How does a Muslim celebrate Ramadan in Las Vegas?
This was just one of the many questions addressed at the 2012 Muslim Jewish Conference (MJC) held in Bratislava, Slovakia last week. The MJC is an annual intercultural/interreligious symposium targeting young future leaders from several sectors to encourage the exchange of ideas and promote better relations. Based out of Vienna, Austria, this year’s conference included approximately 100 participants from thirty-seven countries, taking part in an intense dialogue spanning a week of lectures, workshops, and trips around the city.
Here we are, with all our passports!
The program included a truly diverse and unique group of people: an Indian man championing women’s rights, a Jordanian diplomat, a Palestinian puppeteer from Jaffa, a Pakistani journalist who went to cadet school in Lahore, a Libyan PhD candidate studying sustainable development in Switzerland with the intention of returning to his native Benghazi to help rebuild infrastructure following the Arab Spring. There were Muslim participants who were attending the conference in spite of threats to their personal safety back home and they should be commended.
As an orthodox Jew who grew up in the Washington DC area before immigrating to Israel as a teenager, I would have been happy to talk about minority identity or family dynamics. As an analyst working in the security field, I found myself answering a slew of questions about the Arab-Israeli conflict instead. (By the way, I work in the private sector â€“ and I stress this because of hysteria-fueled rumors that I came to bust up the conference as some kind of bad-ass undercover agent from the Israeli government). I was actually happy to share my views on the conflict when I realized that many of the Jewish participants had opinions that differed from my own. I wanted to make sure that a more balanced perspective of Israel would be provided to the many Muslim participants who would be returning to their respective countries with the information they gathered at this conference. For several of these Muslims, it was their first time even meeting a Jew.
The bad ass Israeli delegation – We made a good impression, right?
One of the preliminary â€œicebreakerâ€ exercises included Jews and Muslims making lists of stereotypes about each other and then sharing them in the auditorium. The list of Jewish stereotypes included: we’re aggressive, we’re obnoxious with money, we complain a lot, we have high sex drives, we’re very educated, we read a lot of books, and we have overbearing mothers.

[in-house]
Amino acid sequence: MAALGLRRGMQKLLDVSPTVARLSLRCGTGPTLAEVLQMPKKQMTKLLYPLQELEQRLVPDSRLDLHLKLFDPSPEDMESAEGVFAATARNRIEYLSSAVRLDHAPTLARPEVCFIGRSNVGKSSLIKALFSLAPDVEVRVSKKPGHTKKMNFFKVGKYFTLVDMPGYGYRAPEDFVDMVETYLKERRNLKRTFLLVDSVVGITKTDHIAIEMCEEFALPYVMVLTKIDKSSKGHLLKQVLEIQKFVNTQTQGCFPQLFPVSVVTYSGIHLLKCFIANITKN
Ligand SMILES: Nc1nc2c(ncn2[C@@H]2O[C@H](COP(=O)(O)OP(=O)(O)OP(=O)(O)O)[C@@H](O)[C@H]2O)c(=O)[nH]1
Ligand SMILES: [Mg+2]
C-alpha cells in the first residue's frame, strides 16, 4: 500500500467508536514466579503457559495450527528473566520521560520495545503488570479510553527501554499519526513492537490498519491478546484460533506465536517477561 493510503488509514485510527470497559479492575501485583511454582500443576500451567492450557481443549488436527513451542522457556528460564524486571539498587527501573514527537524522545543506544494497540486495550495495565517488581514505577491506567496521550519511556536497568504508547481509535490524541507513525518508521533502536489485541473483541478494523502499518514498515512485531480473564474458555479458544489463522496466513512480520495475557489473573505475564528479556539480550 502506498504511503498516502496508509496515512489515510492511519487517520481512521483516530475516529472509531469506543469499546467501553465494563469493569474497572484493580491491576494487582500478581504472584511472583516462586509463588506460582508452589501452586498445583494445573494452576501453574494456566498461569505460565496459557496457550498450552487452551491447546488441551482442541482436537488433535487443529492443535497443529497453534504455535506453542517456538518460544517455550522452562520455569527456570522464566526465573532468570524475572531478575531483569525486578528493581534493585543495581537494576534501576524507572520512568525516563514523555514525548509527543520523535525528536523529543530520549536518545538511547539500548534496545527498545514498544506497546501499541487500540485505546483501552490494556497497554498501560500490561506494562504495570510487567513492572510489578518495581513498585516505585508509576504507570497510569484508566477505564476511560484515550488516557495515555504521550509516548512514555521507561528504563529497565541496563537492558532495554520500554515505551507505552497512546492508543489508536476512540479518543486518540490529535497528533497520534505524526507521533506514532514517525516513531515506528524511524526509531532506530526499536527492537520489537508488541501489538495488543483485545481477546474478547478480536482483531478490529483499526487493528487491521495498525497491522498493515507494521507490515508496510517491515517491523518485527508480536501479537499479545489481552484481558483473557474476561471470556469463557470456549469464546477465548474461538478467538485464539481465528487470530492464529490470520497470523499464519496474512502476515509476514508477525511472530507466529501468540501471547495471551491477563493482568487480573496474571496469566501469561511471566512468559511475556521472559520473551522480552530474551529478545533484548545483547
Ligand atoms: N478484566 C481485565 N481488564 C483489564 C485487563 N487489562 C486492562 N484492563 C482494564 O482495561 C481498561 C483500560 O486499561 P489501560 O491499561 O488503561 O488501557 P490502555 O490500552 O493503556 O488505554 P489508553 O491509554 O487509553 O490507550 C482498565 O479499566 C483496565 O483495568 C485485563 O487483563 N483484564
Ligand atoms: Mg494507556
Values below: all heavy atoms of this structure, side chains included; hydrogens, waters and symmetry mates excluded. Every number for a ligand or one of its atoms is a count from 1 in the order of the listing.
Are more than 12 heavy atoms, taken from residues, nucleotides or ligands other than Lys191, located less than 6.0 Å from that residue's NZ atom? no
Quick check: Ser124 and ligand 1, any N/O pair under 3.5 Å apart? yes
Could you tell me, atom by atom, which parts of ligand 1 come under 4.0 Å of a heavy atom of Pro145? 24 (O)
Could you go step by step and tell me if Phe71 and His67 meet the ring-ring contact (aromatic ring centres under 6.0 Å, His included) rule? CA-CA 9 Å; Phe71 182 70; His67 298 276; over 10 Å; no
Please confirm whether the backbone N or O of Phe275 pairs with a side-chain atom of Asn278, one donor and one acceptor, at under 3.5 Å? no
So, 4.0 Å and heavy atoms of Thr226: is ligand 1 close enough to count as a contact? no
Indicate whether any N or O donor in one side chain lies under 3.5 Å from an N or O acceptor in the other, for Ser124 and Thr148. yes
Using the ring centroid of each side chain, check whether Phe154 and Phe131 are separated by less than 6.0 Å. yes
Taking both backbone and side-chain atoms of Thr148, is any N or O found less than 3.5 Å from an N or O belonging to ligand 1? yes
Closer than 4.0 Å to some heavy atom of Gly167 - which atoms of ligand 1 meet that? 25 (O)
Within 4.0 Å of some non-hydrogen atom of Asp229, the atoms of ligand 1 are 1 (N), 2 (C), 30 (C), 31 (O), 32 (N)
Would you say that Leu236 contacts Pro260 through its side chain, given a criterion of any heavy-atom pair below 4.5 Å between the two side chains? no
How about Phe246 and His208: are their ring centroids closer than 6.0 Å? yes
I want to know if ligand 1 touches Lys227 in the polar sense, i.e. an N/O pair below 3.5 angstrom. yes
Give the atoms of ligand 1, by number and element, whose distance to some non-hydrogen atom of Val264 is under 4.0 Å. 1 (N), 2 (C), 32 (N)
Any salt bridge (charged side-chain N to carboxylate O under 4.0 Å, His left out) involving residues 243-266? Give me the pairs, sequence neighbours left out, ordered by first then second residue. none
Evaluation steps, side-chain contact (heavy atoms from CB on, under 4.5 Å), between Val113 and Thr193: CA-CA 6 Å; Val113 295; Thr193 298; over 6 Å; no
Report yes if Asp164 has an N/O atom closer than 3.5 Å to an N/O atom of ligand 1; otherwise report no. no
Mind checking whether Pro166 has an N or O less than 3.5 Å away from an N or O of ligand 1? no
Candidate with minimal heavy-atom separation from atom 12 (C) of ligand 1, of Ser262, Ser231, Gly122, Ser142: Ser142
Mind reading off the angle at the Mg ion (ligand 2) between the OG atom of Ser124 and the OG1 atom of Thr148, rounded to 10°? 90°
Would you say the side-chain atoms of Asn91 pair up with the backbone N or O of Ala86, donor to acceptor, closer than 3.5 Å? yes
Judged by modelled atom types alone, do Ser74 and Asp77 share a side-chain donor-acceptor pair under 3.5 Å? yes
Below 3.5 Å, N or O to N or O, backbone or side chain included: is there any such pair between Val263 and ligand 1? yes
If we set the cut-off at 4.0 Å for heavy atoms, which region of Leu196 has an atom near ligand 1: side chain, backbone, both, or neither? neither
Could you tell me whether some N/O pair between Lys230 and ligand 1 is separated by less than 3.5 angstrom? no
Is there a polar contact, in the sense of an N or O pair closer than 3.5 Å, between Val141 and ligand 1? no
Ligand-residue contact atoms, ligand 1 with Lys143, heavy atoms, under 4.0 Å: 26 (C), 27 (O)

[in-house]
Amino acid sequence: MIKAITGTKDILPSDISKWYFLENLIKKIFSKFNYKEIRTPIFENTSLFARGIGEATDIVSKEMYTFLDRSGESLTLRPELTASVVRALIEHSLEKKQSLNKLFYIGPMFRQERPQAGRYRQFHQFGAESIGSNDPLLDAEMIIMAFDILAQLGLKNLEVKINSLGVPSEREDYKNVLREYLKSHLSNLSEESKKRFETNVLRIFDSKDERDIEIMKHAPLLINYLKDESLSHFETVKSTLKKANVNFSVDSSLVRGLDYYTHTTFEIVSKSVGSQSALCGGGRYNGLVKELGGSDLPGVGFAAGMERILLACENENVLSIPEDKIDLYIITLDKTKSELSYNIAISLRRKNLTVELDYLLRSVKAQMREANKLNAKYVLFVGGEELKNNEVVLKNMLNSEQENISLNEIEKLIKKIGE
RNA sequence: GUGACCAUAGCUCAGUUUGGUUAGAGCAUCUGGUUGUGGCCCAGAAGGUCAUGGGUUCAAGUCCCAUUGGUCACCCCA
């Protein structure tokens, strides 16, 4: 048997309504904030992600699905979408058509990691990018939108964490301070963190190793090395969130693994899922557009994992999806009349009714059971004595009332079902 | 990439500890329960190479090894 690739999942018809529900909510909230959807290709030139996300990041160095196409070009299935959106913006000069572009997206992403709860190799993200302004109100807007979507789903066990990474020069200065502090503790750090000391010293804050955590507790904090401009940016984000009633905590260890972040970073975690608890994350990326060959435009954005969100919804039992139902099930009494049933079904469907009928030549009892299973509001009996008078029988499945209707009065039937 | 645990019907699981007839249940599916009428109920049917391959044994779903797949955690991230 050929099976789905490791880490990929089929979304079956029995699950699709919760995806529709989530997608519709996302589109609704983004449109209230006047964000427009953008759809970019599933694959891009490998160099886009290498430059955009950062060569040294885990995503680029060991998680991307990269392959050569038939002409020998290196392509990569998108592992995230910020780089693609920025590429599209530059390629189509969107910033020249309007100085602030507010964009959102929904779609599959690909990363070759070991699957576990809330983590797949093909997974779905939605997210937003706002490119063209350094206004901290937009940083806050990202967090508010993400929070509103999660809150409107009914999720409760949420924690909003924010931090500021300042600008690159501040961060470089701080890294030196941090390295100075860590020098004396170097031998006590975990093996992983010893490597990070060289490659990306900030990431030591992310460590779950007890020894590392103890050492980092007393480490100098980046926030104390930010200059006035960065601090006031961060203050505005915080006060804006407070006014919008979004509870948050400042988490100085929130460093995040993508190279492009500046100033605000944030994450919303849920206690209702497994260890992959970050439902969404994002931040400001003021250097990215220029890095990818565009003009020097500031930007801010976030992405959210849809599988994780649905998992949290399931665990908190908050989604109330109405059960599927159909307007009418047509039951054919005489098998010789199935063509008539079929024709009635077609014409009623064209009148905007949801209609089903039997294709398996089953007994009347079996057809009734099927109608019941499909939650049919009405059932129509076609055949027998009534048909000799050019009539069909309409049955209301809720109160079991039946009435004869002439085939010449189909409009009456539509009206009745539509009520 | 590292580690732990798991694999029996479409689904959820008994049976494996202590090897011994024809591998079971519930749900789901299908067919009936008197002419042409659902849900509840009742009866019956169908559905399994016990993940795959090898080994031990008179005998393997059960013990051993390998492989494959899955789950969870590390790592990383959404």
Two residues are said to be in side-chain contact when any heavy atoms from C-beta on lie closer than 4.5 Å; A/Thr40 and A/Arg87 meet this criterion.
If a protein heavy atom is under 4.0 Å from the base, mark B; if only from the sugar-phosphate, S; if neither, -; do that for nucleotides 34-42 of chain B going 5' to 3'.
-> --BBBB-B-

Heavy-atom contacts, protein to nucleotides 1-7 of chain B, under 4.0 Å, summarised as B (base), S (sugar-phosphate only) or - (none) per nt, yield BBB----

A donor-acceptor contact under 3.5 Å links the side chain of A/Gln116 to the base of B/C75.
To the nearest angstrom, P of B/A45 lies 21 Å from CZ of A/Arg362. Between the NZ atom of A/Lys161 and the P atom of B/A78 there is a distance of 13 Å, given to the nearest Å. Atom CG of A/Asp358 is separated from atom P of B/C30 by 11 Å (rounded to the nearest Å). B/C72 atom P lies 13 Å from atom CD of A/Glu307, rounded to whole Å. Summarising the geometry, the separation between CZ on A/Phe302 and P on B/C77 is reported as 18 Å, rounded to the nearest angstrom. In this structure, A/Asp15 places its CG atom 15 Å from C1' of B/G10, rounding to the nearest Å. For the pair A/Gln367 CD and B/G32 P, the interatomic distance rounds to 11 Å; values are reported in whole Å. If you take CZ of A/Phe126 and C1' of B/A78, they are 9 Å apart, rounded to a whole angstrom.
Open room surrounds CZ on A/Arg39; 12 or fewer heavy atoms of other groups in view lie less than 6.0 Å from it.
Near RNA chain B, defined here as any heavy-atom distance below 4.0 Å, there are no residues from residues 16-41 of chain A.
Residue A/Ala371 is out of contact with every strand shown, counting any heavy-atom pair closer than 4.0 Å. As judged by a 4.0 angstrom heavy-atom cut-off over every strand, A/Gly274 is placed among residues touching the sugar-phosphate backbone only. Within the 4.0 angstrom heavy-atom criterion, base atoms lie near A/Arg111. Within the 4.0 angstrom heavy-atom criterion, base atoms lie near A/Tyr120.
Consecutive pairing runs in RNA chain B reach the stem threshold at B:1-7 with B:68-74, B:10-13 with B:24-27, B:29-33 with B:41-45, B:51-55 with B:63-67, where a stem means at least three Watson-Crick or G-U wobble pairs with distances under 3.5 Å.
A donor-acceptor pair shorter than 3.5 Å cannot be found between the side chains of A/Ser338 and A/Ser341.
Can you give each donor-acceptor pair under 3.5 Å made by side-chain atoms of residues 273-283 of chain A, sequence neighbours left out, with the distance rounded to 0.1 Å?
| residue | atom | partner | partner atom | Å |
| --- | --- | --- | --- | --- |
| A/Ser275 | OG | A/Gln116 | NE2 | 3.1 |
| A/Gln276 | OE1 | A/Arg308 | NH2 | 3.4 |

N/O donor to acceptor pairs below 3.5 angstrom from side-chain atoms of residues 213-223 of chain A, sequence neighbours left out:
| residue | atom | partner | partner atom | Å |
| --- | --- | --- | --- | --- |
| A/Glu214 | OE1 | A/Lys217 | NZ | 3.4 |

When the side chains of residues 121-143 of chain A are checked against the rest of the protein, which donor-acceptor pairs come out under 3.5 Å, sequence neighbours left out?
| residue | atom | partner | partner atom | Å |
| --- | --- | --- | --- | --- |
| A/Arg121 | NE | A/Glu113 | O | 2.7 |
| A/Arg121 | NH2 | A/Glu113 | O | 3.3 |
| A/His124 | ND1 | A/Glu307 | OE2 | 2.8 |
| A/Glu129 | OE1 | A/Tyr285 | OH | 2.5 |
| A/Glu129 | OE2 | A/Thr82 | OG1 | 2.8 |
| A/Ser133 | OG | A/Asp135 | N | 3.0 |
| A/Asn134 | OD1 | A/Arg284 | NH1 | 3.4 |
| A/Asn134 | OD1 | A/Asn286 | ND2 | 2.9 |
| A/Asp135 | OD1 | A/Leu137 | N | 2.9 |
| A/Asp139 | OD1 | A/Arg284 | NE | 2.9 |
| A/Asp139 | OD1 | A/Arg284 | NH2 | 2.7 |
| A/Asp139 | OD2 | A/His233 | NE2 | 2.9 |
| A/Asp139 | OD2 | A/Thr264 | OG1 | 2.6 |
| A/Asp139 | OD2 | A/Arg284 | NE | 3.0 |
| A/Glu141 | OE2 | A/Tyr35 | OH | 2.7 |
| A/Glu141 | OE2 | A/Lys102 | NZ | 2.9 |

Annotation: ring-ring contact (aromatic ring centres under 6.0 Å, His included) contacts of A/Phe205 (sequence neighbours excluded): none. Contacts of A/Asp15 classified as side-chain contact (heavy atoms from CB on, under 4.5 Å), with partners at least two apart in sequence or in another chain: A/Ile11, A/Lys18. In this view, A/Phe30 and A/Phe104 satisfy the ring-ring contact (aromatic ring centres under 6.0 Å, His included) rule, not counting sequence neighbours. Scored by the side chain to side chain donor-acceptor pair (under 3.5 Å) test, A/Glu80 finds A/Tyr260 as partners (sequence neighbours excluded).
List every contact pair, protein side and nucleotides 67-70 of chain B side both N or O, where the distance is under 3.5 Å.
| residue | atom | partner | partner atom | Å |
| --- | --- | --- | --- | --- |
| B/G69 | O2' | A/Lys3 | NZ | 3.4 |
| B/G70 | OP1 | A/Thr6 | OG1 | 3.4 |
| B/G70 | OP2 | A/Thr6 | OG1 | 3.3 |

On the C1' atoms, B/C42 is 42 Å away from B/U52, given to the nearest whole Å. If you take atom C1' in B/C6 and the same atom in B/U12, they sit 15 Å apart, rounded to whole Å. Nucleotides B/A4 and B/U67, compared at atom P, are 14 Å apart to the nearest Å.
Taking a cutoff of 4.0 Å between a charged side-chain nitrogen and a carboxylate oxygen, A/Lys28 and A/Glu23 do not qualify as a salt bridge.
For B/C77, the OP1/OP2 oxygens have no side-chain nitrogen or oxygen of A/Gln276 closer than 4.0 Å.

A Muslim woman sitting nearby gave me a sympathetic, apologetic look. I just shrugged. The list seemed pretty accurate to me.
Other intercultural highlights of the conference:
– Watching Muslims try gefilte fish for the first time
– Teaching Pakistanis how to sing in Yiddish
– Jewish boys trying on the hijab
Morocco meets Libya
As much fun as I had meeting new people and hearing their stories, I have to admit I was a little cynical attending such an event. I’m not really big on public displays of emotion, spontaneous hugs, and gushiness. I’m also not a big fan of the term â€œpeaceâ€ in the framework of the Middle East conflict because I think it’s unrealistic and thus dangerous to be focused on an unattainable goal. It also occurred to me that many of the Muslims attending this event were coming from the top 1% elite of their respective countries and therefore did not represent the average view of their fellow citizens.
But by the end of the week-long conference, I saw the real value of holding such an event. As educated leaders of their communities, these participants are positioned to make decisions in the future that can have a positive impact on the trajectory of Muslim-Jewish relations. For the Muslim participants who had never met a Jew before, just recognizing that human element on the other side was substantial. (The same applied to the Jews, too, of course.) This long-term trickle down effect of influence is difficult to quantify, but it is a great starting point for improvements. We are living in an era where soft power is becoming increasingly more important in the context of asymmetric conflicts and this is where developing the cultural milieu comes to play.
Working in the security field, I see again and again that there is a problem with Muslim extremists dominating the discourse in international relations, and so oftentimes it’s hard to discern the voices of the moderates. Moreover, there are extremists who present themselves as the moderates, further complicating the dialogue. To say that the Muslim world is monolithic is inaccurate and unsophisticated. There are voices yet to be heard and as Jews interested in the future welfare of Israel we have a duty to encourage these connections.